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Judy Sucks A Lemon For Breakfast
Judy Sucks a Lemon for Breakfast
Judy Sucks a Lemon for Breakfast
is a 2009 studio album by British band Cornershop. It was their first album in seven years following 2002's Handcream for a Generation. The band were dropped by Beggars Banquet Records after disagreements about the promotion of their previous album,[12] and Tjinder Singh
Tjinder Singh
explained the reasons for the seven-year gap before this album: "We needed to take a break from doing music. I didn't stop working but the climate didn't seem very fertile for what we were doing. It was really a case of waiting for a time when it was more receptive."[13] The band also made a film in that time, which has yet to be released, and set up their own Ample Play record label.[12] The band released the album independently through their website and in local shops.[14] The album has received generally positive reviews and has been particularly praised for its diverse sound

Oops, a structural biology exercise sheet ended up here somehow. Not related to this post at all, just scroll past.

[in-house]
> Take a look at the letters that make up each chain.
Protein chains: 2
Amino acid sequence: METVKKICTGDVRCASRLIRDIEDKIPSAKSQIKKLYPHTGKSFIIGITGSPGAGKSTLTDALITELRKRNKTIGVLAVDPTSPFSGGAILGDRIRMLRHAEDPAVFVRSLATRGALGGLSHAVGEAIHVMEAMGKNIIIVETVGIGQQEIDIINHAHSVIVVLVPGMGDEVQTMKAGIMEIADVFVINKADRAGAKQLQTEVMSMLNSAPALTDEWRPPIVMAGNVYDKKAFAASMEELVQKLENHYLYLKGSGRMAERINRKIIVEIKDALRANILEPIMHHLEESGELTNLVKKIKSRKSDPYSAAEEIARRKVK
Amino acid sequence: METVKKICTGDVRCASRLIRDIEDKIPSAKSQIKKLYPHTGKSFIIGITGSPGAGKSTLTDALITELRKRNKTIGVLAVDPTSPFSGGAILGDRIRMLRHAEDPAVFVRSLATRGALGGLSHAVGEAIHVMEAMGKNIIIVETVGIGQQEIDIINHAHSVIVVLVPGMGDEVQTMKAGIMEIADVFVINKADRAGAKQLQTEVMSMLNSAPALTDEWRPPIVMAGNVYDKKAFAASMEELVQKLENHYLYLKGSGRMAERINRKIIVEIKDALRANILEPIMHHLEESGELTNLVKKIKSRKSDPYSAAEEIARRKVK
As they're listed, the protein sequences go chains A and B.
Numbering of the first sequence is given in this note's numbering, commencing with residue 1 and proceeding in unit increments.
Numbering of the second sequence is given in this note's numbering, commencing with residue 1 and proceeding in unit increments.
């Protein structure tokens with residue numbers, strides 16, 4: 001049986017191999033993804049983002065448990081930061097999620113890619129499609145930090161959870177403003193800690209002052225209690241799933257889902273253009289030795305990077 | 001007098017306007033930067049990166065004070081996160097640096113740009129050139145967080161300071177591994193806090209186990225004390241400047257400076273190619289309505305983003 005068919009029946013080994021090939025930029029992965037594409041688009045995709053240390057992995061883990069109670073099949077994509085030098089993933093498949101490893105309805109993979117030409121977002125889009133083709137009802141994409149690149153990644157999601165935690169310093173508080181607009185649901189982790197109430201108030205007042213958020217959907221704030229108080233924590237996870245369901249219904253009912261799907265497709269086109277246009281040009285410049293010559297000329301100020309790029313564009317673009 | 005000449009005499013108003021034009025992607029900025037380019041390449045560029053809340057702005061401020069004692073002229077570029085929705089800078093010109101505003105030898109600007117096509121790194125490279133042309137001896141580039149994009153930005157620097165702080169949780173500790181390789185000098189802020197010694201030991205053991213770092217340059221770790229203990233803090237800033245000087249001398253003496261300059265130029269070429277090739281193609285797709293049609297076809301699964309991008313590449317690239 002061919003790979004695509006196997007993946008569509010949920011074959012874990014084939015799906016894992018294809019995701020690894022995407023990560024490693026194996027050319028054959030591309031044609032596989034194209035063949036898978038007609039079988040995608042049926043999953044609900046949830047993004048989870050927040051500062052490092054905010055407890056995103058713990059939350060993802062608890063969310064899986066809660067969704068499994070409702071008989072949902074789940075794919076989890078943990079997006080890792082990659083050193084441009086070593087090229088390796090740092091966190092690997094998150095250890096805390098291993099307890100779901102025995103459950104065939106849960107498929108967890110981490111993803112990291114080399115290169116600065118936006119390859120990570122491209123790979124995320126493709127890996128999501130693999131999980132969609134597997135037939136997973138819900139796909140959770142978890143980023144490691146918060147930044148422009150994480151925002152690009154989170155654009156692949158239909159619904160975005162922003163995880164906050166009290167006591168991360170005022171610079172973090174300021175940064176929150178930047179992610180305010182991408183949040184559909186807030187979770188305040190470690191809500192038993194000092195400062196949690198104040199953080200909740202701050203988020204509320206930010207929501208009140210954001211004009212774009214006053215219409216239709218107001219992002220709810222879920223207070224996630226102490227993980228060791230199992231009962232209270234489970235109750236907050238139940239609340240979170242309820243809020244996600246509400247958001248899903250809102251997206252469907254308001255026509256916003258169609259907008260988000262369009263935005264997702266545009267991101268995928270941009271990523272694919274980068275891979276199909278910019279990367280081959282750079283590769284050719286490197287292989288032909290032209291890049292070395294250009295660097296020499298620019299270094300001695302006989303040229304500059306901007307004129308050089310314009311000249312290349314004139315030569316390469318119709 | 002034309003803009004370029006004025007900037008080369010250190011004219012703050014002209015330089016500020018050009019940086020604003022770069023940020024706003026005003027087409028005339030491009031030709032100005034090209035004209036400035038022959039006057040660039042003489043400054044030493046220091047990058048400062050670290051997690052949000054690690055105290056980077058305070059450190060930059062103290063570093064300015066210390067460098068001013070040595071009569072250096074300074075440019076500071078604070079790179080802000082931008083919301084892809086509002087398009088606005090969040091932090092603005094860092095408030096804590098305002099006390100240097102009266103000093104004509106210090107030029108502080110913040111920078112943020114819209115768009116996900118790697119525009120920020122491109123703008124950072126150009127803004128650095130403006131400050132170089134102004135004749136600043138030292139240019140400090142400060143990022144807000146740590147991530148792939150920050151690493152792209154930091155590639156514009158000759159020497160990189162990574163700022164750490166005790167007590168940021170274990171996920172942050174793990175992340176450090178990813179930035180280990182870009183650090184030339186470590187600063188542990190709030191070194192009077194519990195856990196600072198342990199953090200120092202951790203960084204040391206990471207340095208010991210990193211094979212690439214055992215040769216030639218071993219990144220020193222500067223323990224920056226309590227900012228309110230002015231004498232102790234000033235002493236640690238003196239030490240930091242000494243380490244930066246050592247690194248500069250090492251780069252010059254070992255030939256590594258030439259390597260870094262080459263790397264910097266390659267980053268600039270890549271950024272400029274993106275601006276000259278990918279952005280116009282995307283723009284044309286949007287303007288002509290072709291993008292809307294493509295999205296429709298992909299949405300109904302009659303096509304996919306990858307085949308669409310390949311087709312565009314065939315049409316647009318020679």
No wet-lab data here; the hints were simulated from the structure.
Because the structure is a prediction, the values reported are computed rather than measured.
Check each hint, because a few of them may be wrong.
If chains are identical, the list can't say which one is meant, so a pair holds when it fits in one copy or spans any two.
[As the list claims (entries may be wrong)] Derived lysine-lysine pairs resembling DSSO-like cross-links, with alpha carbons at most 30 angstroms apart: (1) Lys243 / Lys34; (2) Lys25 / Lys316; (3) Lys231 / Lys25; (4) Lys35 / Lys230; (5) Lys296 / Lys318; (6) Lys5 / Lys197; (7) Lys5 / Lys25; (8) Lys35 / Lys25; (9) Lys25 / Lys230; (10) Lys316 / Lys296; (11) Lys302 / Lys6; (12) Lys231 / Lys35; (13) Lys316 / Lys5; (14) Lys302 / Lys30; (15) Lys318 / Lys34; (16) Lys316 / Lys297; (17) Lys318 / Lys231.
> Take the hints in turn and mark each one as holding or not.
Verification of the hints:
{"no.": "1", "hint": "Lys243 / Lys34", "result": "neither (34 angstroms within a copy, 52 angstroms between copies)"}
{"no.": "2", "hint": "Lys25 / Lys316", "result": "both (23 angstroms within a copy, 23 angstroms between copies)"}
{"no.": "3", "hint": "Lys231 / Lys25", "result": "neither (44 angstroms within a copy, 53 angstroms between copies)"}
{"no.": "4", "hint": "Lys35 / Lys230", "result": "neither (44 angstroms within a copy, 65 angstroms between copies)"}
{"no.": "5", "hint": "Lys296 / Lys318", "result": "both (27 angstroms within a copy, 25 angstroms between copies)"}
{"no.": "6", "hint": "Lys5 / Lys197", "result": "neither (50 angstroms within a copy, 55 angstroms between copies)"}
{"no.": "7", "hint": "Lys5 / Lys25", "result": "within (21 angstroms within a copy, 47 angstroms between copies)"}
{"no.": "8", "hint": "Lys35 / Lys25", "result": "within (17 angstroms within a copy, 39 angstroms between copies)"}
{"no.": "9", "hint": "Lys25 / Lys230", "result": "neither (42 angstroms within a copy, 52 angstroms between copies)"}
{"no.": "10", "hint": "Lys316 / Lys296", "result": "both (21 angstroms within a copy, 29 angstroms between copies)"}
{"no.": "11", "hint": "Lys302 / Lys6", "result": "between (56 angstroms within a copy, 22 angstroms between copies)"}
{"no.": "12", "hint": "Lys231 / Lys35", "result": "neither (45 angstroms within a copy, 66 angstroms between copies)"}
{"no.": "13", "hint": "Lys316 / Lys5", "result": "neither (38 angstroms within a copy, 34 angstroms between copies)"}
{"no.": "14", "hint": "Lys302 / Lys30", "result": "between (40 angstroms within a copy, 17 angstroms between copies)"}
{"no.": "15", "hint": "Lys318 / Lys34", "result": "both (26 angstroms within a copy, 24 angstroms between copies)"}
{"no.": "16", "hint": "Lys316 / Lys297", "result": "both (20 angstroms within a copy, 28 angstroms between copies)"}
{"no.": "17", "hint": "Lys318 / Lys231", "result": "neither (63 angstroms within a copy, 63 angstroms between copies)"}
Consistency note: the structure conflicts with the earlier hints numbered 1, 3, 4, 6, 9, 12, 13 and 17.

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Album
An album is a collection of audio recordings issued as a single item on CD, record, audio tape or another medium. Albums of recorded music were developed in the early 20th century, first as books of individual 78rpm records, then from 1948 as vinyl LP records played at ​33 1⁄3 rpm. Vinyl LPs are still issued, though in the 21st-century album sales have mostly focused on compact disc (CD) and MP3
MP3